UPDATE: It’s been pointed out in the comments that because most LCD displays have a refresh rate of 60hz, attempting to get anything higher than 60fps is mostly pointless. However, the method I discuss isn’t confined to just FPS but is rather about removing the inherent delay when using timers while still allowing the browser to update UI and allow user interaction. Also, if you have code running at 20fps this method may help you glean a few more frames each second.
UPDATE 2: Apparently Internet Explorer 10 will be implementing the setImmediate() function which would be the best method to use for quick loops. I can’t find any info on whether Firefox or Chrome is planning on adding this method anytime soon, but I would suspect it will be included in their builds soon enough. Here’s the W3C spec.
Next idea on minifying the delay does remove timers altogether while still providing a way for the browser to continue updating its interface and executing other code on the page. This method relies on using a call to window.postMessage This is a wonderful new method defined in HTML5 which allows one window to communicate and pass messages to another window. At the end of my main() loop I can call window.postMessage(”, ‘*’); – this simply passes an empty message to the current window. If this was everything, my code would stop executing at the end of the main() loop. However, by adding an event listener (window.addEventListener(‘message’, main, false);) I also catch any messages posted to my window by immediately calling my main() loop. The side affect of this is that in between making the postMessage() call and having my main() loop executed again, the browser can update its UI and execute any other scheduled code, thereby providing no interruption to the user while still having my main() loop executed immediately. In my test script, this method executes my main() loop at 880fps in firefox and an astounding just-under-1000fps in Chrome.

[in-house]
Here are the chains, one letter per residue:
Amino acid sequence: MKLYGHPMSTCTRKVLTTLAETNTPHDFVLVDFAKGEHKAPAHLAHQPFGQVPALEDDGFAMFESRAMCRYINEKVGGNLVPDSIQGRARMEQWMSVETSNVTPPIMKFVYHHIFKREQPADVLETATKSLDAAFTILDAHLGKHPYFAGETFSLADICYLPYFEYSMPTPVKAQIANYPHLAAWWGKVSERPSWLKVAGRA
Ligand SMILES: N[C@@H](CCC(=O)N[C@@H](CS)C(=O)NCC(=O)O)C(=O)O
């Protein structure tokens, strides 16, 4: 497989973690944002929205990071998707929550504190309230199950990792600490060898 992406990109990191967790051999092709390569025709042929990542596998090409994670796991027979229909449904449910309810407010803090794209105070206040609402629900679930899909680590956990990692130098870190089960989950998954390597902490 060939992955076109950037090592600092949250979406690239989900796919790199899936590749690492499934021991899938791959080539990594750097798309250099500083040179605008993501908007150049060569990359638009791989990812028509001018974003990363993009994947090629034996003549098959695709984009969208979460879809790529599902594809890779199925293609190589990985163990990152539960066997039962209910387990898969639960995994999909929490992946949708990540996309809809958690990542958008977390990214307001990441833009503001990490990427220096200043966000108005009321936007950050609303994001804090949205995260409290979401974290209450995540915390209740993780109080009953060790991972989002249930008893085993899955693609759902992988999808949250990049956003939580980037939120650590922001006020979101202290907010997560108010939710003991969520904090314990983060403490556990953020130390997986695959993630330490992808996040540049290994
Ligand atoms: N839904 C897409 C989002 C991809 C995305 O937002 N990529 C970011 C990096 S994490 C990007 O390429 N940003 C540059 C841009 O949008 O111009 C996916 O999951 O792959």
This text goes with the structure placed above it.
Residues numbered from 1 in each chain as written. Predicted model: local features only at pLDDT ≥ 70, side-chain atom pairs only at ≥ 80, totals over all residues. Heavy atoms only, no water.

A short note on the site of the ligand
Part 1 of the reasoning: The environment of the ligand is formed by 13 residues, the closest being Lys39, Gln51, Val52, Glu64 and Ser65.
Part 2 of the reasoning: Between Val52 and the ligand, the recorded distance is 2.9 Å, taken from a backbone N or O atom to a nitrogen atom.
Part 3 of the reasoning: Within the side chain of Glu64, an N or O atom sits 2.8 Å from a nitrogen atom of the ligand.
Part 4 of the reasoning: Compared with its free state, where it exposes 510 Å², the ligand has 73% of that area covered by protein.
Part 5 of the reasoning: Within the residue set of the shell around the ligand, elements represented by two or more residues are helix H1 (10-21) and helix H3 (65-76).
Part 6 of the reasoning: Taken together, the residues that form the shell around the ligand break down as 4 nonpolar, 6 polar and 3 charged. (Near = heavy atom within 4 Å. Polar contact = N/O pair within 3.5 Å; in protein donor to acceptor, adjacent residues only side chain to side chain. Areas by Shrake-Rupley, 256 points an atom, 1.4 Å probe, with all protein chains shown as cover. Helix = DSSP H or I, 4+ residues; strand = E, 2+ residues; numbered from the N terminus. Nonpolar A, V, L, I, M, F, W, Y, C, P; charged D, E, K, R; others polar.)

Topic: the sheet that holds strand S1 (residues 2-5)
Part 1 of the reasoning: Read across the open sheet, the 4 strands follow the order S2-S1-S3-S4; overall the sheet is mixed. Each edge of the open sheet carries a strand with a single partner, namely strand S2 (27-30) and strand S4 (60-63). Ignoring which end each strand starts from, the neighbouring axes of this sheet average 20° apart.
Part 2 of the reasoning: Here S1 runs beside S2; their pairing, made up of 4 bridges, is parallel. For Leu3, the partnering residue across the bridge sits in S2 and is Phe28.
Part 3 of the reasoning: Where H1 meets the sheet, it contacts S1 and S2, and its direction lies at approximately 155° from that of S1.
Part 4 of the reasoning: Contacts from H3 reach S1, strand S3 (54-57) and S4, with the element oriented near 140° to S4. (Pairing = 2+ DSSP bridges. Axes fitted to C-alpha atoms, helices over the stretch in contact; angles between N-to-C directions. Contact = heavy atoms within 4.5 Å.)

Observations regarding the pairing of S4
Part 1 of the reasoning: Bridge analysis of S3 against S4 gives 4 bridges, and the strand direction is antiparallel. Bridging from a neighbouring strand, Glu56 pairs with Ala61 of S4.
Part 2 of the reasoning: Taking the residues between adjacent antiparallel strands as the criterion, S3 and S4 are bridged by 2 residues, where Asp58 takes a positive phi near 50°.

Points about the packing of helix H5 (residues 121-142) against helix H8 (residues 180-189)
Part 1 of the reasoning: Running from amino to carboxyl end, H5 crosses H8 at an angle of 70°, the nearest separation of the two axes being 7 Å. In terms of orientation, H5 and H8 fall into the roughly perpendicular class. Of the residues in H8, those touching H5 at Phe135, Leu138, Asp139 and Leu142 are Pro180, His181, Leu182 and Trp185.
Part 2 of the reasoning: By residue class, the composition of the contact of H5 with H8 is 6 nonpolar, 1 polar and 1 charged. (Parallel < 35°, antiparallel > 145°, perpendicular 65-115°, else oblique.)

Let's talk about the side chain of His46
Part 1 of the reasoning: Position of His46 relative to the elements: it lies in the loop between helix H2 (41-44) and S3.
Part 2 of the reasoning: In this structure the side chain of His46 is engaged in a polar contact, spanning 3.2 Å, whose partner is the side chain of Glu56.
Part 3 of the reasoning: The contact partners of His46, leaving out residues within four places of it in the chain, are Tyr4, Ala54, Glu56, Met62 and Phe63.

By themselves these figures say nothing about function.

That’s all well and good but it’s just a test script, right? These sort of numbers can’t in anyway carry over to an actual game execution loop can they? My game runs at ~63fps when using setTimeout(main, 1). When I switch that out for the postMessage() method the fps jumps up to ~330fps. However (and unfortunately), this speed is actually more taxing for my processor which makes the browser somewhat less responsive to user input: from the user’s point of view, the experience is lessened.
Takeaway: While not a perfect (or great) fit for a main() loop, using the postMessage function can allow you to execute tight and/or infinite loops without degrading user experience. These could be used in addition to a main() loop, perhaps increasing the quality of collision detection, or by performing some repeating non-scheduled task such as pathfinding.
The code I ran for the tests is up on jsFiddle.
Here are the test results for the four separate methods used. System 1 has an Intel Core2 Duo E8400 @ 3.00GHz with 2GB of RAM running XP service pack 3. System 2 has an Intel Core i5 @3.2GHz with 4GB of RAM running on Win7 32bit.
|Pure Timers||requestAnimationFrame||Interupted Loop||postMessage|
|System 1 – Firefox 4||95fps||58fps||206fps||880fps|
|System 1 – Chrome 11||206fps||60fps||206fps||999fps|
|System 1 – IE 8||64fps||64fps (using polyfill)||64fps||– *|
|System 2 – Firefox 3.6||91fps||91fps (using polyfill)||856fps||995fps|
|System 2 – Chrome 12||250fps||63fps||250fps||999fps|
|System 2 – Safari 5||95fps||95fps (using polyfill)||141fps||999fps|
|System 2 – IE 9||401fps||402fps (using polyfill)||452fps||973fps|